That is incorrect. The total energy of a beam of light remains constant as it moves through a gravitational field.
That is incorrect as well. The frequency of the light does not change as it moves through a gravitational field.
That is incorrect.

In all of the above comments you're refering to observations made by different observers who are comparing results. You're not considering obervations made by a single observer.

For a detailed explanation see
"On the Interpretation of the Redshift in a Static Gravitational Field," L.B. Okun, K.G. Selivanov , V.L. Telegdi, Am.J.Phys. 68 (2000) 115

6. Jan 17, 2004

### meddyn

Thank you for the replies.

With regard to the nature of the bending of the light ray/photon passing close to a significant gravitational attraction, what is the nature of the forces involved in altering the path in laymen terms? Are there any recent observations/studies indicating an at rest "mass" property to the "photon" instead of the "zero mass" definition?

(Sorry for the "three dimensional fixation". Trying to work out of it.)

Last edited: Jan 17, 2004
7. Jan 17, 2004

### Arcon

The nature of the gravitational force is that it's an inertial force. An inertial force is one that is absent in an inertial frame of reference and exists only due to the choice of a non-inertial frame of reference.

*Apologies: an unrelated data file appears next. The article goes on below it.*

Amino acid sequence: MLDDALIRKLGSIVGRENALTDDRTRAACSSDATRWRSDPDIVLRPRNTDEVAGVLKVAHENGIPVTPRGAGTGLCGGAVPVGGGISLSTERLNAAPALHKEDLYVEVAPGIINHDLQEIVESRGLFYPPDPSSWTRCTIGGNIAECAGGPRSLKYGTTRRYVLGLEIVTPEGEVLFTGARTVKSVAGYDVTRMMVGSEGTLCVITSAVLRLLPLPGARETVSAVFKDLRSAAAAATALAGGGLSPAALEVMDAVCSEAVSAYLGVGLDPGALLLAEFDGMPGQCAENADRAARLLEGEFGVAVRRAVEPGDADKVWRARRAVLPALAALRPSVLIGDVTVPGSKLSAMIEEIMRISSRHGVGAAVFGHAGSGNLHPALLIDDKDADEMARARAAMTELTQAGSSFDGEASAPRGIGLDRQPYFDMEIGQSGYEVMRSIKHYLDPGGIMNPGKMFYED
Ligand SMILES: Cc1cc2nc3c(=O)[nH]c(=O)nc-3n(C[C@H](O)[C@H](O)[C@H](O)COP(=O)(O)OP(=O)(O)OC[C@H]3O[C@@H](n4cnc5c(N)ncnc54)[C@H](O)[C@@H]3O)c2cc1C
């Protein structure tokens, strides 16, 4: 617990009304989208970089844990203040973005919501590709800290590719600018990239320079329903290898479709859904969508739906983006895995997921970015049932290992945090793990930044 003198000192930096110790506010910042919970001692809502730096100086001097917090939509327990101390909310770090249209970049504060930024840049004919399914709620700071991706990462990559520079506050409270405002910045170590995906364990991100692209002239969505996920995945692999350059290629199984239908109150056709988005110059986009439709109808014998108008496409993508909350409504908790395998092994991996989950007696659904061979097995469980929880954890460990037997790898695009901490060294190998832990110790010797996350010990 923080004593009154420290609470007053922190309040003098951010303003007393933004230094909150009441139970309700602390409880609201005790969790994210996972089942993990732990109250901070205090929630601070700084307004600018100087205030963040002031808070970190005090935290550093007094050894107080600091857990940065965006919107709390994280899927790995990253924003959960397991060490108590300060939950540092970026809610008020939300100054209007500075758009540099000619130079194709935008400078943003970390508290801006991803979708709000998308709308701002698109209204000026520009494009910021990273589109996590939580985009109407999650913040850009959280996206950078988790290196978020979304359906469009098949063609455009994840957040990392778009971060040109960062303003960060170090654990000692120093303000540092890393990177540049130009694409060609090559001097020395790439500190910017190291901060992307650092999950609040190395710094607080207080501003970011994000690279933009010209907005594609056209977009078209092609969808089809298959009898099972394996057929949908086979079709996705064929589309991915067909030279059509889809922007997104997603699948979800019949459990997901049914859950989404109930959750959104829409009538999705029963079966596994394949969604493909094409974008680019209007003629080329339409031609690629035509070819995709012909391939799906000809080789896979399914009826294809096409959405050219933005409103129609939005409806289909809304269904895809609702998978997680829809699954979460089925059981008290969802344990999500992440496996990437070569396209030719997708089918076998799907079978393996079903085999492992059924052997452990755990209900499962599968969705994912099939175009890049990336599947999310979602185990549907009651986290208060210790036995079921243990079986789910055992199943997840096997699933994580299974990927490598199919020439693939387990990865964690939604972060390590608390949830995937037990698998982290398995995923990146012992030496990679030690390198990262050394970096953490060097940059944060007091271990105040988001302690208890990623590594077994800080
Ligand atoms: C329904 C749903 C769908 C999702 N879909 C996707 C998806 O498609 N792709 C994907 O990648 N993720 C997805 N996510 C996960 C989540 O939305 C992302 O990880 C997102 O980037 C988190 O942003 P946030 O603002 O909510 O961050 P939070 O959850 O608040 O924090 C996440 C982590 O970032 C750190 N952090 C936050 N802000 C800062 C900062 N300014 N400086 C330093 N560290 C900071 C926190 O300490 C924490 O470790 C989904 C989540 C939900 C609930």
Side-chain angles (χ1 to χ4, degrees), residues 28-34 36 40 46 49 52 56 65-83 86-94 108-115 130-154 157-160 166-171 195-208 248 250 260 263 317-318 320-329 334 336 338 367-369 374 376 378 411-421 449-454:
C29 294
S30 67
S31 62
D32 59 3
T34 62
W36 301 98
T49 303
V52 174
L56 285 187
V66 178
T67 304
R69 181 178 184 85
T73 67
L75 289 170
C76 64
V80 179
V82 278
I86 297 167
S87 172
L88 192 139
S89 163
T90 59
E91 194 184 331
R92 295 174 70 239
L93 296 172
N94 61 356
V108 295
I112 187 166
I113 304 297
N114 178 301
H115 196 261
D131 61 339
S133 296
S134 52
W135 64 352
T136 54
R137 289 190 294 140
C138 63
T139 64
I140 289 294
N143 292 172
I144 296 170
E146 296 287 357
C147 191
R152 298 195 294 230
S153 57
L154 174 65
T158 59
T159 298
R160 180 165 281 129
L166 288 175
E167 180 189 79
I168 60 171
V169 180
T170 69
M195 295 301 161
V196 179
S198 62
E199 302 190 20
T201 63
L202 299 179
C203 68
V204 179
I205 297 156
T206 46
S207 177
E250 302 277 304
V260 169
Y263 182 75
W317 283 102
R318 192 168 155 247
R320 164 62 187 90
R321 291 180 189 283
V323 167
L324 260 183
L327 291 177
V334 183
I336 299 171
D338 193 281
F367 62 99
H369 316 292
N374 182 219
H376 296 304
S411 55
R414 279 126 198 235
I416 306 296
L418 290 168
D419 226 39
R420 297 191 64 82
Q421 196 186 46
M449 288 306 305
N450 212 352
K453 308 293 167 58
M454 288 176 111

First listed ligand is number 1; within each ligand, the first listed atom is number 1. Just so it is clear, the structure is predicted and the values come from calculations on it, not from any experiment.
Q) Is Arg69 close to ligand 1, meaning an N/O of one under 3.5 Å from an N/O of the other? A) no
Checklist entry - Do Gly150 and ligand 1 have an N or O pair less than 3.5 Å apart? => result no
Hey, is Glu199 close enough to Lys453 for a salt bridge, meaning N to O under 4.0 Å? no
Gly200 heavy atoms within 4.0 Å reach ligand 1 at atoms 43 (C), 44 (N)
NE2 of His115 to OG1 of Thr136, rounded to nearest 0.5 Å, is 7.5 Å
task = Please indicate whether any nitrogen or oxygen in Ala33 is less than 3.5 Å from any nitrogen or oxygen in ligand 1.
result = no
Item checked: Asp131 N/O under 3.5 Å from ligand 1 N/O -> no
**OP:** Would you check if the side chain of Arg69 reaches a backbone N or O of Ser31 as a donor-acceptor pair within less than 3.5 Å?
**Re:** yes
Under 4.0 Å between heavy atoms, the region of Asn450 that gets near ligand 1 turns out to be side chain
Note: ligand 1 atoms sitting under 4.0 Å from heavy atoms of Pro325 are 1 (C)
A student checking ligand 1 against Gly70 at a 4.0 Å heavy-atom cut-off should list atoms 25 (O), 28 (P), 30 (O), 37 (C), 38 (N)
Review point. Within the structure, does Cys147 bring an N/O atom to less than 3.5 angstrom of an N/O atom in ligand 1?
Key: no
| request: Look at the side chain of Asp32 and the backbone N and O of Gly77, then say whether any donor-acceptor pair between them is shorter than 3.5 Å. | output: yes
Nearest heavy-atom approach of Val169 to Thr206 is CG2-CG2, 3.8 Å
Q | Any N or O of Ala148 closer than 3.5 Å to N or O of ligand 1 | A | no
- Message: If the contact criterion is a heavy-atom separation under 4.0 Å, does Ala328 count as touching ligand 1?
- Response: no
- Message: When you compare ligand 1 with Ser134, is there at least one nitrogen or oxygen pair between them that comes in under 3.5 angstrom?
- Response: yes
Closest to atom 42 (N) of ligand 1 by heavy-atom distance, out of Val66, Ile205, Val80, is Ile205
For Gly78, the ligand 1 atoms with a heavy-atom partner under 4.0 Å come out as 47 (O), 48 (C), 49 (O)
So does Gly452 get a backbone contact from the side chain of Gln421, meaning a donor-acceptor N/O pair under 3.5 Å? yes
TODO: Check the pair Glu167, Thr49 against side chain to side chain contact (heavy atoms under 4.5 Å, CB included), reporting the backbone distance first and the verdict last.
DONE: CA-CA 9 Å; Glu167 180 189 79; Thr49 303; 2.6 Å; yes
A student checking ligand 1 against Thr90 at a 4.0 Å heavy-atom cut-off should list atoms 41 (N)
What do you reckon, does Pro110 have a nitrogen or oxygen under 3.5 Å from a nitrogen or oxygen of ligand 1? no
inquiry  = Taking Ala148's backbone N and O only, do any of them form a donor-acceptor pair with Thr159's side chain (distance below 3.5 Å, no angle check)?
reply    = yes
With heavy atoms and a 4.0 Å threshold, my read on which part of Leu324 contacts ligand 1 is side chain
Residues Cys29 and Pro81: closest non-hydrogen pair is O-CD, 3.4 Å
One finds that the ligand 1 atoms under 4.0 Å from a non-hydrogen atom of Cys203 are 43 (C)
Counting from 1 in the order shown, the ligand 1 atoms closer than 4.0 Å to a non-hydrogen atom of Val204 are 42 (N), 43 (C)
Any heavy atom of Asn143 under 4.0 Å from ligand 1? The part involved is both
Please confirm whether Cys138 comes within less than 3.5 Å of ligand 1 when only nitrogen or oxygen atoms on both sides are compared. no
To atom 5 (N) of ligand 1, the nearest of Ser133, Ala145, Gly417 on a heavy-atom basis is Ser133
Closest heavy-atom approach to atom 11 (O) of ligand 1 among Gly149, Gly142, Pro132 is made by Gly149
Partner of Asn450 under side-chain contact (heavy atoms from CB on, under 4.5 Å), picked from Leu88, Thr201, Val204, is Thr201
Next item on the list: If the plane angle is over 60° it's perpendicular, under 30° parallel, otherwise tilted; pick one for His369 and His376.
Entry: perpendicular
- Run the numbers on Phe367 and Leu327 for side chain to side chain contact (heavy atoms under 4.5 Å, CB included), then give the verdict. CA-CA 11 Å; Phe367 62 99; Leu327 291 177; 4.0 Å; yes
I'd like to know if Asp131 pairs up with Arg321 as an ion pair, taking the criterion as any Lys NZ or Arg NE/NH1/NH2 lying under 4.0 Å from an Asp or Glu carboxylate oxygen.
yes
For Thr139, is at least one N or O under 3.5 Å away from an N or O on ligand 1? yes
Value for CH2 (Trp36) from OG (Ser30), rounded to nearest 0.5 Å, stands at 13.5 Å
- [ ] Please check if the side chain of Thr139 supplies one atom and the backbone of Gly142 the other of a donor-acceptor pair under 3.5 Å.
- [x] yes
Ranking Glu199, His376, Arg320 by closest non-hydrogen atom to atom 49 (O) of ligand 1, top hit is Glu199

8. Jan 18, 2004

### marcus

Meddyn asked about the bending of a ray of light, passing alongside a massive object (e.g. the sun):

------------------
Originally posted by meddyn
..what is the nature of the forces involved in altering the path in laymen terms?
------------------

To this, Arcon replied as follows:

To me, this does not sound like an explanation "in layman terms". I seem to recall that in the past several PF people, mentors and the like, when responding to the same question, have given an answer at least superficially different from Arcon's.
If I remember correctly, their explanation was to the effect that light does not experience any gravitational force at all, but simply travels along a geodesic (the analog of a straight line in curved space).

9. Jan 18, 2004

### Arcon

Something is in layman terms when it does not require a background in math or physics to understand it. That description does not require a background in physics to understand it and it contains no math. It was the simplest explaination and the most precise that I know of in layman terms.
They are certainly entitled to their opinion. But I choose to describe things in what I believe to be a more precise manner.

marcus - You've refered to the article The Concept of Mass, Lev B. Okun, Physics Today, June 1989. Did you read that paper?

In that paper Okun used the expression for the gravitational force that I posted in the thread SR and the earth, sun, and galaxy.. If you have this paper its Eq. (16) on page 51. Okun states
This of course means that he is speaking of the gravitational force on the photon.